I have never become involved in politics. It is not an arena, into which introverts readily tread. I prefer to remain on the sidelines and carp.
I have a vague recollection of my mother being involved. I believe that she toiled for the Republican Party, based on foggy memories of GOP paraphernalia in the house. If so, she would surely be appalled at what has become of that “party”. If not, she would be equally appalled at the tone of the political “debate” in the United States. She, like me, would not recognize the country of our birth.
In her column today’s New York Times, Maureen Dowd hits the nail on the head. Unfortunately, she is unable to wield that tool on a few heads, which could use a hefty hitting.
Once again, Hadley has hit a few nails on their heads.
An excerpt from one sentence illustrates the hypocrisy, which is only interested in money...
“Since Mitt Romney makes $600,000 a year investing in companies that manufacture the contraceptives he now seems to abhor, I'll leave it up to you to decide which camp he falls into.”
It will be interesting to learn how effective stupid old men will be in dictating to American women.
And, if that’s not weird enough for you, try this:
Which was written by a nice Catholic girl...
Occasionally, I like to read Maureen Dowd’s column in the New York Times. She is suitability cynical and irreverent to meet my tastes.
Unfortunately, I do not understand much—if anything—in her latest piece. I feel as if I have landed on some planet in a distant galaxy or parallel universe.
Maureen Dowd's column in yesterday's New York Tlmes dealt with the high incidence of death from infection in US hospitals, as well as people's reluctance to questions a doctor's practices. She speaks from experience, because her brother died in a hospital. The two issues are related, because studies have shown that doctors transmit a lot of the infections on their clothes or hands.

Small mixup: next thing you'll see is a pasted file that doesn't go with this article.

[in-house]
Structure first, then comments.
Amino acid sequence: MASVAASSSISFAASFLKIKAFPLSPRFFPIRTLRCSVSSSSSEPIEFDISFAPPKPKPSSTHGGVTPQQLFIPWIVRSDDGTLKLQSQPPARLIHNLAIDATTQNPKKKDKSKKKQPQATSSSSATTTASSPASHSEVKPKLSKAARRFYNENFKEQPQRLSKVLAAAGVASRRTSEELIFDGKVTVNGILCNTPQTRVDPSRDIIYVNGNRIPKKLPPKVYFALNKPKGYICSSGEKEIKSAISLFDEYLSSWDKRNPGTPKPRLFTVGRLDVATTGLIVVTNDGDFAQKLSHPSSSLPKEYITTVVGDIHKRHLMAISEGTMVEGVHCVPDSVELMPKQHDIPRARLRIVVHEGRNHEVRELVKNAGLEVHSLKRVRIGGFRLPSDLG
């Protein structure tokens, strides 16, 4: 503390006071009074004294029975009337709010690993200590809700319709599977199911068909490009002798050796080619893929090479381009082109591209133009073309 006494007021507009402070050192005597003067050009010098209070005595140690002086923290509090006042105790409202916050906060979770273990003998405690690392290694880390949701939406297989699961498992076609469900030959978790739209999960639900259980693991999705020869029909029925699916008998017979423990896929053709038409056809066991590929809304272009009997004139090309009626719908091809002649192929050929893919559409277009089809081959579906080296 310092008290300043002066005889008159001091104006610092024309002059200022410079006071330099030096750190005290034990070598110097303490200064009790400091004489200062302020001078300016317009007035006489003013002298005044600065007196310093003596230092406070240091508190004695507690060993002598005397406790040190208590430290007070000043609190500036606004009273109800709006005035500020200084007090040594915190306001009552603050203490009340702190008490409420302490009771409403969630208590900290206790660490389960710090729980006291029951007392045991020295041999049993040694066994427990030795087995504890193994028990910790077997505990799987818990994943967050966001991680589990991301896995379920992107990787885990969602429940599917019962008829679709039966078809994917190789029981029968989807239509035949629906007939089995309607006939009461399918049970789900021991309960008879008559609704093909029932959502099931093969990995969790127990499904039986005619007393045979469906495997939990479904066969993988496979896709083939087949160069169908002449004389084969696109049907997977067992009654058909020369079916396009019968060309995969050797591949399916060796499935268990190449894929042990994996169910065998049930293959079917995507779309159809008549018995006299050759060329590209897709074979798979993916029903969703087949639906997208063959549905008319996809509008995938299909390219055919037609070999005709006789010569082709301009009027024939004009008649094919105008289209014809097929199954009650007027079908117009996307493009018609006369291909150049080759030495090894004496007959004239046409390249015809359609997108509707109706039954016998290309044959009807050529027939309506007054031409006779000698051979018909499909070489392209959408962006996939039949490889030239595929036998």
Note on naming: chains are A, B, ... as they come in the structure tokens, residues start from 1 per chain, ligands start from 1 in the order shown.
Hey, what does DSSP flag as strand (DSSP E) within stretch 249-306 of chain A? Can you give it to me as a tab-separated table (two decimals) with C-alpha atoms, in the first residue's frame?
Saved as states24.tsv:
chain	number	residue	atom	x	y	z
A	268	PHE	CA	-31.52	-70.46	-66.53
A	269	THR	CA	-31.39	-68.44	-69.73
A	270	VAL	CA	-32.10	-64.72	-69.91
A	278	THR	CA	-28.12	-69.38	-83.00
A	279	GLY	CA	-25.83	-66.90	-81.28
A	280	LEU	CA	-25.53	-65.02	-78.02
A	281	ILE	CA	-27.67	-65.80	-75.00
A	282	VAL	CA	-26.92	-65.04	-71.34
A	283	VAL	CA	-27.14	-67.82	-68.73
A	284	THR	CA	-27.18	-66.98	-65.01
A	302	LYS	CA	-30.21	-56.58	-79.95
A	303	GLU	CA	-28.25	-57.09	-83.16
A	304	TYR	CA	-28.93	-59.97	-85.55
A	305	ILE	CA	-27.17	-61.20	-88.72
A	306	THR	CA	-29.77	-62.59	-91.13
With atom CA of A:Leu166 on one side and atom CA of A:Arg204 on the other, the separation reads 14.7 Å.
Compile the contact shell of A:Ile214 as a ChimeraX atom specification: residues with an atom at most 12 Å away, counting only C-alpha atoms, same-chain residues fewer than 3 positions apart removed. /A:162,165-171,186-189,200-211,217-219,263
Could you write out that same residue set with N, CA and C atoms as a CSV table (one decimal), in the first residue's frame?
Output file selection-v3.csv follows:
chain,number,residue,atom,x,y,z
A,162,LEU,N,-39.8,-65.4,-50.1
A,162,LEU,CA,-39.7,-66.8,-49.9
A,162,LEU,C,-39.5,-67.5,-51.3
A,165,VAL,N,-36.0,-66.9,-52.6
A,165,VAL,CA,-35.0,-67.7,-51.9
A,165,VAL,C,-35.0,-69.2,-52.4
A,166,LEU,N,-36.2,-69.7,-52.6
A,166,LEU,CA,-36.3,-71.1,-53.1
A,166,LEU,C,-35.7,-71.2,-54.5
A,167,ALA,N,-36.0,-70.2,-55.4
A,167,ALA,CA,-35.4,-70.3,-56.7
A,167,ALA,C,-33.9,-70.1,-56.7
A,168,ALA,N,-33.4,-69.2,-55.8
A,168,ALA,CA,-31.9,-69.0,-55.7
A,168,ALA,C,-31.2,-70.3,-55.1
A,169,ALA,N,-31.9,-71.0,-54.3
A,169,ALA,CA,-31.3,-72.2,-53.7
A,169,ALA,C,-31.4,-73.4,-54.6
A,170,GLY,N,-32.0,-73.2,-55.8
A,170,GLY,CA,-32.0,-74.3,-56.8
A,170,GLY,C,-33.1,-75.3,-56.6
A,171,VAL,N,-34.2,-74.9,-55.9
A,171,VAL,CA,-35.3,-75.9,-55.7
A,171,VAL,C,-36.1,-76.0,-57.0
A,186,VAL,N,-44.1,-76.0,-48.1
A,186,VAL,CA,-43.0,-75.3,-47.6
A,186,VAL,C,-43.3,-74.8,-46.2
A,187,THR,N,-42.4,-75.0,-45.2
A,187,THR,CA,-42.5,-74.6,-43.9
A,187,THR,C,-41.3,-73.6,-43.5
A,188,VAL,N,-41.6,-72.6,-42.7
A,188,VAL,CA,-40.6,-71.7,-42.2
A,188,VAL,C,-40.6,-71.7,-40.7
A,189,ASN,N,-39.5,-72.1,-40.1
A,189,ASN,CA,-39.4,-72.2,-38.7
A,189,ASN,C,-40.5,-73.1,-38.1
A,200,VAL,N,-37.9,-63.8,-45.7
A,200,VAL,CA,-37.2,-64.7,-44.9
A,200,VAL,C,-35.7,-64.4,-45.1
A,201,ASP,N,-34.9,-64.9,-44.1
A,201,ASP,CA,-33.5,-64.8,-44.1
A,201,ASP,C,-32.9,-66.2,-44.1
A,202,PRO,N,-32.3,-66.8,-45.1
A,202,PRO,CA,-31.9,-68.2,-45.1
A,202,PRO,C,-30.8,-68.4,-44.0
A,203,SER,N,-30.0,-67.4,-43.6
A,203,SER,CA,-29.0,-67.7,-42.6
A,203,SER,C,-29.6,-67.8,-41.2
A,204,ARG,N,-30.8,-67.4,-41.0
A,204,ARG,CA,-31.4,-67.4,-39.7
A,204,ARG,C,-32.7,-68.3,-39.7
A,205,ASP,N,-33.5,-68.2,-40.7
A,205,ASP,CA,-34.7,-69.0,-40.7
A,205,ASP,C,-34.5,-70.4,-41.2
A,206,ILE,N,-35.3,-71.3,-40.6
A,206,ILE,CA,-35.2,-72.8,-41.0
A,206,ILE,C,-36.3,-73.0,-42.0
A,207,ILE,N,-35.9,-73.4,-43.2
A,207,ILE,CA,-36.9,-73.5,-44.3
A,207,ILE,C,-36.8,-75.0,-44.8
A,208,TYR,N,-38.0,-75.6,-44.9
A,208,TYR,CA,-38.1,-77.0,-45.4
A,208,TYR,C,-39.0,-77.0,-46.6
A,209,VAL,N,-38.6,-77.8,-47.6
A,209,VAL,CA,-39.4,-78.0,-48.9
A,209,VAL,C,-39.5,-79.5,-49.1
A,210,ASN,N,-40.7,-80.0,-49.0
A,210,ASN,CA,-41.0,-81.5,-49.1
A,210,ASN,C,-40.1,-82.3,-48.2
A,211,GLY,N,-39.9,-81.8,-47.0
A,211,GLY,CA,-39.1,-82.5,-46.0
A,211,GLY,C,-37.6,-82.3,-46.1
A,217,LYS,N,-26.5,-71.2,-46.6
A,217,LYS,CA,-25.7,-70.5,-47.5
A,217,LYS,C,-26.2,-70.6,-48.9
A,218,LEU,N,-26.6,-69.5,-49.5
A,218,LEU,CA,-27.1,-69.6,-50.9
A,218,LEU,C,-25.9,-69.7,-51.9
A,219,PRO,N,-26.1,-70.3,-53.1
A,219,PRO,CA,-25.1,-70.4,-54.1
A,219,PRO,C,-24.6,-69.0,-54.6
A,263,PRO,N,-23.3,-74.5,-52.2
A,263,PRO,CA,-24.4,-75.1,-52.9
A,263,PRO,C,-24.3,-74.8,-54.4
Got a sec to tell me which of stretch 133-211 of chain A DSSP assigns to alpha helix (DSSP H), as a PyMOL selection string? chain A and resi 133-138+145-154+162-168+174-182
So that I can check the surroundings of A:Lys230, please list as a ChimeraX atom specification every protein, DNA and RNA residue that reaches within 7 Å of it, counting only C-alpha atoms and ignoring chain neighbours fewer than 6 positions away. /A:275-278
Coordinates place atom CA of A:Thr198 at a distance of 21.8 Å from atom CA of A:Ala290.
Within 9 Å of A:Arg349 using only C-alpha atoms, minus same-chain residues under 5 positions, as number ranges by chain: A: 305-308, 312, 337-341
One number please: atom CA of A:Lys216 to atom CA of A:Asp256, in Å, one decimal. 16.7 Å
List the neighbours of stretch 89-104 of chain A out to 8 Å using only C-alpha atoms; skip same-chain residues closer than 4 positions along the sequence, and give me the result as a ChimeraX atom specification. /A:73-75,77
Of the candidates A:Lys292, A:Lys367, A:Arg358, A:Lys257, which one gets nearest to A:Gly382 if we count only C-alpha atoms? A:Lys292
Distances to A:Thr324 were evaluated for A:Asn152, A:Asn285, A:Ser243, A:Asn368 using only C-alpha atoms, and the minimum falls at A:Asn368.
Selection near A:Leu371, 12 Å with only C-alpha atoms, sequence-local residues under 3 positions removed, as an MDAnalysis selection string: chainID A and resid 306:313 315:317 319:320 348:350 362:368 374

Just having spent time in a hospital, I observed both of these issues. People everywhere are beholden to and in awe of doctors. In Germany, they achieve god-like status. I am not afraid to ask questions and demand explanations, even contradicting these austere figures at times.
I can understand why doctors can be short on information and brief in time. Patients seem to demand attention, often unnecessarily, and doctors are over-worked. Each receives the time judged necessary. I cannot complain about the treatment or attention I received.
As far as hygiene goes, I did not fear infection. Each room had a hand sanitizer beside the door. I noticed how doctors and nurses sanitized their hands upon entering the room and when leaving. No one wore a necktie (mentioned by Dowd as a carrier of infection). I wonder if US hospitals are so generously outfitted with hand sanitizers. Perhaps they were not included in the recently fought battle over health-care, so hospitals don't feel obliged to spend the money.
Prior to writing novels, the author enjoyed a multifaceted career: from decorated combat aviator to advertising professional to global communications director of a major consumer brand. He has traveled the world and met sports, film and television stars, political leaders, and royalty. He graduated from Middlebury College, is married, lives in Germany, and has two grown children.